You hear the saying all the time. It’s trotted out as an all-encompassing explanation of everything said by a manager with an agenda. If it’s coming from a manager at a struggling club, or one with boardroom pressure and a sense of insecurity in their job it can be deemed a sign of weakness.
If it’s coming from a charismatic, silver tongued Portuguese manager it can be treated like a Jedi mind trick.
Mind games – they seem to be everywhere nowadays.
Spin is an absolutely vital part of top-level management in the 21st century, and has probably been integral to man-management since before I was born. If a manager can use something they say in an interview to their advantage, why wouldn’t they?
This has all been thrown into the media spotlight this week as Jose Mourinho, the enigmatic Chelsea manager, put on a melodramatic performance for the press following his team’s 1-1 draw at home to struggling Burnley.
Following the match Mourinho completed his television requirements by simply pointing to the minutes of the match in which key incidents had happened in the game where he was clearly aggrieved and in disbelief at what had happened. Mourinho was clearly looking to highlight his grievances while trying to avoid yet another FA fine for criticism of officials, complaining of a campaign against Chelsea this season.
He then went on to appear on Goals on Sunday the next day, giving a frank interview to Chris Kamara (a close friend of his) and Ben Shepherd, who was a rabbit in the headlights when Mourinho turned on him over one question which riled the coach.
Mourinho is synonymous with mind-games and rightly so, he is an excellent case study into how a squad mentality can be crafted by a manager willing to spin opponents and the media in certain ways. He is an artist in siege mentality. He creates a sense amongst his squad that the whole world is against them, winding them up into animals willing to run through brick walls for their manager. Or in the case of Diego Costa, willing to push/kick/stamp/shove his way through those aforementioned brick walls.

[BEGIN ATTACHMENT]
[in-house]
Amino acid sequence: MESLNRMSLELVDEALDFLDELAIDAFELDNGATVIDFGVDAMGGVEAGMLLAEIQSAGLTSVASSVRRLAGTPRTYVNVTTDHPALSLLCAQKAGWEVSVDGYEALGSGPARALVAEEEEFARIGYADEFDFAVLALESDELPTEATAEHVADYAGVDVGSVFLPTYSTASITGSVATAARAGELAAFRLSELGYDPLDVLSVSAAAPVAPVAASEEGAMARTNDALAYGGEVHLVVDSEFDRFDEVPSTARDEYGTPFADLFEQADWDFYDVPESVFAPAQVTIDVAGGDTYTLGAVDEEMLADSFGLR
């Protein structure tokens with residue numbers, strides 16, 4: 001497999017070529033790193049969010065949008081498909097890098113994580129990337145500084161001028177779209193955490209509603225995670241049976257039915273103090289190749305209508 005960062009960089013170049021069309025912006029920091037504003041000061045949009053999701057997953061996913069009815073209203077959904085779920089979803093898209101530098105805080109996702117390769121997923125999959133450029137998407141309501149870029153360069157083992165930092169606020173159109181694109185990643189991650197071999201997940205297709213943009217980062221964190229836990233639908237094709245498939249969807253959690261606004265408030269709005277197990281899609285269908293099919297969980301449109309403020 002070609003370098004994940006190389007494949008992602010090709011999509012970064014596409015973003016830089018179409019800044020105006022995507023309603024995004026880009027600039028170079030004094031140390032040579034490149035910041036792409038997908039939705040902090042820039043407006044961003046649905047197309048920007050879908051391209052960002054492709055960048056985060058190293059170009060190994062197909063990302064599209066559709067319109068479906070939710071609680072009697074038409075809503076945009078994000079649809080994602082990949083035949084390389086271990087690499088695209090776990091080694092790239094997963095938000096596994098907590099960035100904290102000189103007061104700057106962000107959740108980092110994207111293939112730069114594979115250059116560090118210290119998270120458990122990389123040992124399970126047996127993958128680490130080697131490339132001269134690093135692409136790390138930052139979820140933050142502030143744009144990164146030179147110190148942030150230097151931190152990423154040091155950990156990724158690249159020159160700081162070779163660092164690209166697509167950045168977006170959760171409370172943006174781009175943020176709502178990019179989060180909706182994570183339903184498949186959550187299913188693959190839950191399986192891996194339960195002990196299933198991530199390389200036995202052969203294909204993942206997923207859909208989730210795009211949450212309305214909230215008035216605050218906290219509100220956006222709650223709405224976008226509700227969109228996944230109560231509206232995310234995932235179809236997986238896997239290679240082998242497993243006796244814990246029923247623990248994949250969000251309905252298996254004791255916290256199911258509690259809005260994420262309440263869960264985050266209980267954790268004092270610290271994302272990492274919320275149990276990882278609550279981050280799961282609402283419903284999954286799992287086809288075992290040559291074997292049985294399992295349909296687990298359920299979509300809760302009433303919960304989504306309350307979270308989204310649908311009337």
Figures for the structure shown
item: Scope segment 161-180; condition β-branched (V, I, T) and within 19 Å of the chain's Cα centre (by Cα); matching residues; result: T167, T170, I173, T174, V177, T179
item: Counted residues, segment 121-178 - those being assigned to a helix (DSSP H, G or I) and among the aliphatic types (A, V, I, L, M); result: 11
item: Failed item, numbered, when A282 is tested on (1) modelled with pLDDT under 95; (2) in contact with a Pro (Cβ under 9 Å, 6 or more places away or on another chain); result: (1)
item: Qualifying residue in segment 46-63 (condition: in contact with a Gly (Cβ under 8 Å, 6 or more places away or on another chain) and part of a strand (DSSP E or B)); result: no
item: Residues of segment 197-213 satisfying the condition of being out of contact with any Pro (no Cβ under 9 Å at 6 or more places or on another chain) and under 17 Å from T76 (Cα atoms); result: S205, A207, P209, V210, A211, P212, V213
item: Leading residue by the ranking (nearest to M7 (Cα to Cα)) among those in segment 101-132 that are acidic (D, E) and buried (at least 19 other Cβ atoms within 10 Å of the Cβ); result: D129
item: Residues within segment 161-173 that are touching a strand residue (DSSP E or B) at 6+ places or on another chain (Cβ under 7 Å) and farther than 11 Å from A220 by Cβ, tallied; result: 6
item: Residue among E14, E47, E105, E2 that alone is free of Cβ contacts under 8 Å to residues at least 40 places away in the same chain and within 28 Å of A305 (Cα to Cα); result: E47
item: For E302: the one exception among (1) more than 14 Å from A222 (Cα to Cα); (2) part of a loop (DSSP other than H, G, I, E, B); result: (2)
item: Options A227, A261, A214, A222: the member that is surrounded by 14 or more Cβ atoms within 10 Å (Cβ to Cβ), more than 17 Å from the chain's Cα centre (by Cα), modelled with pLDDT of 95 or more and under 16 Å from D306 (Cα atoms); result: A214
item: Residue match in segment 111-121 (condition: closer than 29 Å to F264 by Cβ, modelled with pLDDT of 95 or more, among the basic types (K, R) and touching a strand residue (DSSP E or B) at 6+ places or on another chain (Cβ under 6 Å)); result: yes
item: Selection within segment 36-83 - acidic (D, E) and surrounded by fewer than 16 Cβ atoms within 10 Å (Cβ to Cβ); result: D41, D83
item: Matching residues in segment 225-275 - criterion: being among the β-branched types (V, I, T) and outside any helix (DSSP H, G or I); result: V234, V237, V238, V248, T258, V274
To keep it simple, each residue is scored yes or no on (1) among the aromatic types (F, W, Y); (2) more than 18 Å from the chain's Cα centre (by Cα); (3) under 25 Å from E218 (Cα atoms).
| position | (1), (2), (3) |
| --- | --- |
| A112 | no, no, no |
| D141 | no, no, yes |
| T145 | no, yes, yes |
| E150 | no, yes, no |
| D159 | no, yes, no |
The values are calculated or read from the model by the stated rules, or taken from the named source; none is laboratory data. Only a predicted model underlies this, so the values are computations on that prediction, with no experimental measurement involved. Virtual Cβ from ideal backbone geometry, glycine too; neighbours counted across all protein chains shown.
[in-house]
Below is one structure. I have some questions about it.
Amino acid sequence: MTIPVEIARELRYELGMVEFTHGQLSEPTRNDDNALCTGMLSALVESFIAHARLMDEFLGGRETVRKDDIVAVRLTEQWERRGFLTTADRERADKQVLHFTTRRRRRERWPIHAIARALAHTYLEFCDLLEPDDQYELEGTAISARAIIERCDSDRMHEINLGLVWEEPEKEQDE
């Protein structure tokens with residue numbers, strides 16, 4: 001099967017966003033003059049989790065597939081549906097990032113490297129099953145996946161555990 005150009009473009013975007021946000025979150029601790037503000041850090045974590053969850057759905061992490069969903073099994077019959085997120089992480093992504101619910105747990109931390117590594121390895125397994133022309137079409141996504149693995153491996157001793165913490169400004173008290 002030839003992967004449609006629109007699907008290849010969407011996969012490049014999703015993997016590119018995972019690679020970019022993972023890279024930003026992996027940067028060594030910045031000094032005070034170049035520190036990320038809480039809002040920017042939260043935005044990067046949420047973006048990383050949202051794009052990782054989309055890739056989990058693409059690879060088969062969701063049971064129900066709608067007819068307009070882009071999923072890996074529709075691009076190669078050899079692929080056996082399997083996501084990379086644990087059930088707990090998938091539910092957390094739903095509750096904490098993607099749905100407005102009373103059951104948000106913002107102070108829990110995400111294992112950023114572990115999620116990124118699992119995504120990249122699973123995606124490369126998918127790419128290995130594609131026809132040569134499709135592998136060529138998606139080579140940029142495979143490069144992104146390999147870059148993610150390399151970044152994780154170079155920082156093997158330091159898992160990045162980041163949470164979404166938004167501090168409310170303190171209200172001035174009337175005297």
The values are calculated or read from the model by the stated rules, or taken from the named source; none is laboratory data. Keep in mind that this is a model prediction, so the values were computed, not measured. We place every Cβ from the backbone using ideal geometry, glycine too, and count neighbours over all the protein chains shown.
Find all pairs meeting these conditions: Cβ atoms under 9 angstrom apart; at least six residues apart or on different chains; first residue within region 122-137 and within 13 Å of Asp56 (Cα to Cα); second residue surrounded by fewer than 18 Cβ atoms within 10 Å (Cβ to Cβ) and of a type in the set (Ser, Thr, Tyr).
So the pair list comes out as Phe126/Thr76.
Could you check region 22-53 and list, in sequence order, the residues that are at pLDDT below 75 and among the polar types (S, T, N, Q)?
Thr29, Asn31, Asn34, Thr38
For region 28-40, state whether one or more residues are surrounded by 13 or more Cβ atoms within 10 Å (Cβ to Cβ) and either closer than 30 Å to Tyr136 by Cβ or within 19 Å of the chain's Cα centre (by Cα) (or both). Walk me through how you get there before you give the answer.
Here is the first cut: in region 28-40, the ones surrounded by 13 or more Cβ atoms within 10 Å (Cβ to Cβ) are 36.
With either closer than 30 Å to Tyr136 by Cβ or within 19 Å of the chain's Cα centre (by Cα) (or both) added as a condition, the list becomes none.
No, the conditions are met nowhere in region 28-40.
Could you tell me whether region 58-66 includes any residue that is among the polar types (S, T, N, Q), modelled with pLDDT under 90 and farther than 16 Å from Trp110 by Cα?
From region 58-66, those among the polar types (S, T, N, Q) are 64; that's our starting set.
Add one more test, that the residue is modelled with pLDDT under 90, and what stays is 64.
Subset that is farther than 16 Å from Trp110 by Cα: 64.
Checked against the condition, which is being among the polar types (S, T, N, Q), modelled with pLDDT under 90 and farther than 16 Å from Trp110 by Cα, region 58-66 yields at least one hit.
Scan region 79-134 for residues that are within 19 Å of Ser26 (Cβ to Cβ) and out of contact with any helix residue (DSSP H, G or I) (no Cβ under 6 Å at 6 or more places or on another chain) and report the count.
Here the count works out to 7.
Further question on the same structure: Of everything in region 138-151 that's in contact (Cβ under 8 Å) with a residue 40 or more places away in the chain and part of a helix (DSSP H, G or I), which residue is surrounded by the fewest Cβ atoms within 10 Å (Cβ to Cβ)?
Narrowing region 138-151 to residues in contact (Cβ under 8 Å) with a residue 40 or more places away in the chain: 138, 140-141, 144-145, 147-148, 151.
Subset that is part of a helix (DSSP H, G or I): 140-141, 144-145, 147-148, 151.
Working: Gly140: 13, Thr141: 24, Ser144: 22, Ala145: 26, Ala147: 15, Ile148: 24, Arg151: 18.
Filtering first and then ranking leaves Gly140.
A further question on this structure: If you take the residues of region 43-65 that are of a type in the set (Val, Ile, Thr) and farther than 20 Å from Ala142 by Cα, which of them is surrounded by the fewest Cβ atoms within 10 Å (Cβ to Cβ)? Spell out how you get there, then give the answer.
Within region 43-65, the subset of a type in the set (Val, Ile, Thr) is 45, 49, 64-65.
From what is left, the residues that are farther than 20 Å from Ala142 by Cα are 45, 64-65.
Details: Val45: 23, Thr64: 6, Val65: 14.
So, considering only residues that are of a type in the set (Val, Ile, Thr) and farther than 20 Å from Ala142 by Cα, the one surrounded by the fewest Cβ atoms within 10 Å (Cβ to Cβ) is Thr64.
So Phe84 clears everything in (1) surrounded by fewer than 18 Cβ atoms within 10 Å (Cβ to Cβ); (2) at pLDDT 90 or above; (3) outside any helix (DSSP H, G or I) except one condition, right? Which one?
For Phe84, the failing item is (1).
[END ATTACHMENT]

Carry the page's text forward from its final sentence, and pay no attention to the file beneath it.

All of the theatrics and histrionics wind people up, they make him into a pantomime villain that he is more than happy to play. If anybody thinks that ANYTHING he says on television isn’t crafted and calculated then they are naive, but this is by no means exclusive to Mourinho, every single manager uses it when and where they can.
If you believe the papers then Mourinho, Ferguson, Benitez and Villas-Boas were the main users of this manipulation in recent years, and good old ‘Arry Redknapp is just an honest geezer from the South Coast who tells it how it is and wouldn’t harm a fly.
In my view Redknapp is a wiley old dog who uses distraction and charm to ease pressure on himself and his often under-performing sides. Never has this been more painfully evident than after QPR’s home defeat to Liverpool this season.
The west London side lost 3-2 to Liverpool conceding two goals in stoppage time on the counter-attack, it was a showing that looked like school football, not professionals playing at a struggling side using their brains. It was a thoughtless performance.
After the game Redknapp was looking for a way out of the firing line…’How can I avoid being in the firing line?’ ‘How can I make sure all the headlines on the back page tomorrow aren’t about me?’ oh okay I know!
This is what he said: “I don’t need anyone to tell me that they were lucky, I could see that for myself. There is no way we deserved to get beat today.” When that wasn’t really getting him anywhere in the interview he pulled out an absolute gem, an ace he had up his sleeve. “Look at Adel Taarabt, he played in a reserve match the other day, and I could have run around more than he did. I can’t keep protecting them, when he’s three stone overweight and on 60, 70 grand a week and don’t train. What’s the world coming to?’
There you have it, there was your sound-bite with a readily made list of pun headlines asking to be written.
So the term ‘mind-games’ should not be thrown around by football analysts as it encompasses too many different things and is done for a wide variety of aims. To put pressure on an opposition, to encourage and wind-up your own players, to distract from events on or off the pitch, to make a point of perceived injustices and so on. It is everywhere.